If you are looking for a science experiment with your child, you can find things that are appropriate for their age and learning level. Though many of them are simple, they can learn a lot from them. Just remember to practice safety above all when you are doing an experiment together. There are a lot of fascinating experiments safe enough for you to work with your children at home. One of these that I would like to share is the one entitled, Layered Liquids.

In this experiment you will need the following materials:

• ¼ cup (60 ml) dark corn syrup or honey
• ¼ cup (60 ml) dishwashing liquid
• ¼ cup (60 ml) water
• ¼ cup (60 ml) vegetable oil
• ¼ cup (60 ml) rubbing alcohol
• a tall glass or clear plastic cup or jar
• two other cups for mixing
• food coloring
• funnel

First get permission to use kitchen equipment and ingredients

1. Take the tall glass or jar. Pour the syrup or honey into the glass or jar. Try not to let it dribble down the sides. Pour enough syrup to fill the glass about 1/6 of the way.

2. After you have added the syrup or honey, tip the glass slightly or you may use the funnel to pour the dishwashing liquid down the inside of the glass. Pour carefully to avoid disturbing the bottom layer.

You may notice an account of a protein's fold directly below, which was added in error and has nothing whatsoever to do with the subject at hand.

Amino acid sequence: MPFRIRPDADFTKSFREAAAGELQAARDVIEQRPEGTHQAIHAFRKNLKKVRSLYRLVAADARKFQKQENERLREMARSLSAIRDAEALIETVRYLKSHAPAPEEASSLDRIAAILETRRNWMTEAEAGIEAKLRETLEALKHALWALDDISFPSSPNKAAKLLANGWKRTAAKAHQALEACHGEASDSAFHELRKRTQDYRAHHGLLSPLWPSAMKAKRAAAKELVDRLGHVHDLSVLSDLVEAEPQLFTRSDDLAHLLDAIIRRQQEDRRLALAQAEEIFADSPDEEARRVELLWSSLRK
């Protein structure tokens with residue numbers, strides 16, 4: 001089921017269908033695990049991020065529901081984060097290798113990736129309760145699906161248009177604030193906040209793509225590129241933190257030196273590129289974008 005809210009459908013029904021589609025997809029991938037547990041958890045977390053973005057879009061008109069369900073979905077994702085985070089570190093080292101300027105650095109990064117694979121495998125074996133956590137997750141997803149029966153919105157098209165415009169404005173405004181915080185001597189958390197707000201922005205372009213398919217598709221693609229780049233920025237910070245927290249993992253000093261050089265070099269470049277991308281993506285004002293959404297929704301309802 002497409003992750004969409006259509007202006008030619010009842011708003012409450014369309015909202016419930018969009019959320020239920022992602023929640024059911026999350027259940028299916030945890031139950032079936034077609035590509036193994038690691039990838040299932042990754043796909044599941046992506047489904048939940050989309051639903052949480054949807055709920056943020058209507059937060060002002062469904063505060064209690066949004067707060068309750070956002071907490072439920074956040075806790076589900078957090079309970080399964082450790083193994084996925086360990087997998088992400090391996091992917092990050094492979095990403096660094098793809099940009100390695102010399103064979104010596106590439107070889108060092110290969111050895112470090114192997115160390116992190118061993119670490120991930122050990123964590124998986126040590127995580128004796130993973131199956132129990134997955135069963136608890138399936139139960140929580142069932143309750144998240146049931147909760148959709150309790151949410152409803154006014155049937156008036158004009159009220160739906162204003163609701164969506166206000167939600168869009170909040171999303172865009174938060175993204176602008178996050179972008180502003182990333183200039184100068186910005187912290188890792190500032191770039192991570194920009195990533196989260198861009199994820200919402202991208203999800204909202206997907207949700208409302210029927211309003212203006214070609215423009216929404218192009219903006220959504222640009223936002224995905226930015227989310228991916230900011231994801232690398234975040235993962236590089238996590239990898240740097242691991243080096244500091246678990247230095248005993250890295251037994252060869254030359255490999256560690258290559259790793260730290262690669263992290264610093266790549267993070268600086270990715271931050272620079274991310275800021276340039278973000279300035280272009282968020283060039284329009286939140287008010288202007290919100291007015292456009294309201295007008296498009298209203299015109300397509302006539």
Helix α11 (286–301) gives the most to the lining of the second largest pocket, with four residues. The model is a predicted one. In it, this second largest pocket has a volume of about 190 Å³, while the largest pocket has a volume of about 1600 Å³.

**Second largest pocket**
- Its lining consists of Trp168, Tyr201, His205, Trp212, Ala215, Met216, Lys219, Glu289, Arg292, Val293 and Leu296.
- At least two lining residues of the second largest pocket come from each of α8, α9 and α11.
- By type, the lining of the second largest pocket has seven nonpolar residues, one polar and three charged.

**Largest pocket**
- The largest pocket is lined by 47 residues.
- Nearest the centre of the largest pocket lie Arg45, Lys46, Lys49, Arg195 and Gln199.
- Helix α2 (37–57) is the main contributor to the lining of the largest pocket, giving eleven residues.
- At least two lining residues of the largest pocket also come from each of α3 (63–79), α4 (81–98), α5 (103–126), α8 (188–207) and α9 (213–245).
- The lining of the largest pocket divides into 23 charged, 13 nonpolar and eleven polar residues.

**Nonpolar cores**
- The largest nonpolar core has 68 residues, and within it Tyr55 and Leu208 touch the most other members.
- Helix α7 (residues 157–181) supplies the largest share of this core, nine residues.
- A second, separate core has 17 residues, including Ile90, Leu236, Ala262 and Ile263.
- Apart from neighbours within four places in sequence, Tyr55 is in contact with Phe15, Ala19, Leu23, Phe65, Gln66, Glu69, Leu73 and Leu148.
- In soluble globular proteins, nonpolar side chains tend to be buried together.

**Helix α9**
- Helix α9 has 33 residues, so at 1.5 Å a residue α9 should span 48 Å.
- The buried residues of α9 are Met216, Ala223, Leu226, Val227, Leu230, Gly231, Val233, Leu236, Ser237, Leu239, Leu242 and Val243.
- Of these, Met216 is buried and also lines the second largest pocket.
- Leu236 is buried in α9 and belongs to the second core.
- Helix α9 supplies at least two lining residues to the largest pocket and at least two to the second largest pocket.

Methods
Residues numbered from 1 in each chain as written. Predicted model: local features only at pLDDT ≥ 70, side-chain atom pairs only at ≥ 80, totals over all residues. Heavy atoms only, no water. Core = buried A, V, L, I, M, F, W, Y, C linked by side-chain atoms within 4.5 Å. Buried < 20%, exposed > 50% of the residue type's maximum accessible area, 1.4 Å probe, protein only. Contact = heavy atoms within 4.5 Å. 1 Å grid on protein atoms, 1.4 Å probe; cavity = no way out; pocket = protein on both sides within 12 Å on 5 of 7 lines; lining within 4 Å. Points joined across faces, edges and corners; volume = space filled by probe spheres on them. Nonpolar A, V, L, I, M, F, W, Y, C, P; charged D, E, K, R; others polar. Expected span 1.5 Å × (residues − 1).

3. Add a few drops of blue food coloring to the water. Add drops of red to the rubbing alcohol. Do this in separate cups.

4. Repeat step 2, first adding the blue water, then the oil, then the red rubbing alcohol, washing the funnel between steps. The liquids will stay in separate layers if you are careful not to shake the glass.

5. Make a sketch of the glass and its liquids, labeling the position of each liquid in your glass.

Each liquid has its own density. You added liquids in order from highest to lowest density. The rubbing alcohol stays on top because it is least dense.

Young children are bubbling with curiosity and few things in life can bring the joy and satisfaction of sharing learning activities with them. Being with you and learning from you is your child's greatest joy. You will treasure these hours spent together for a lifetime. Just make sure that above anything else, prioritize safety.



Saturday, May 3, 2008

Raising a Number to the Power of x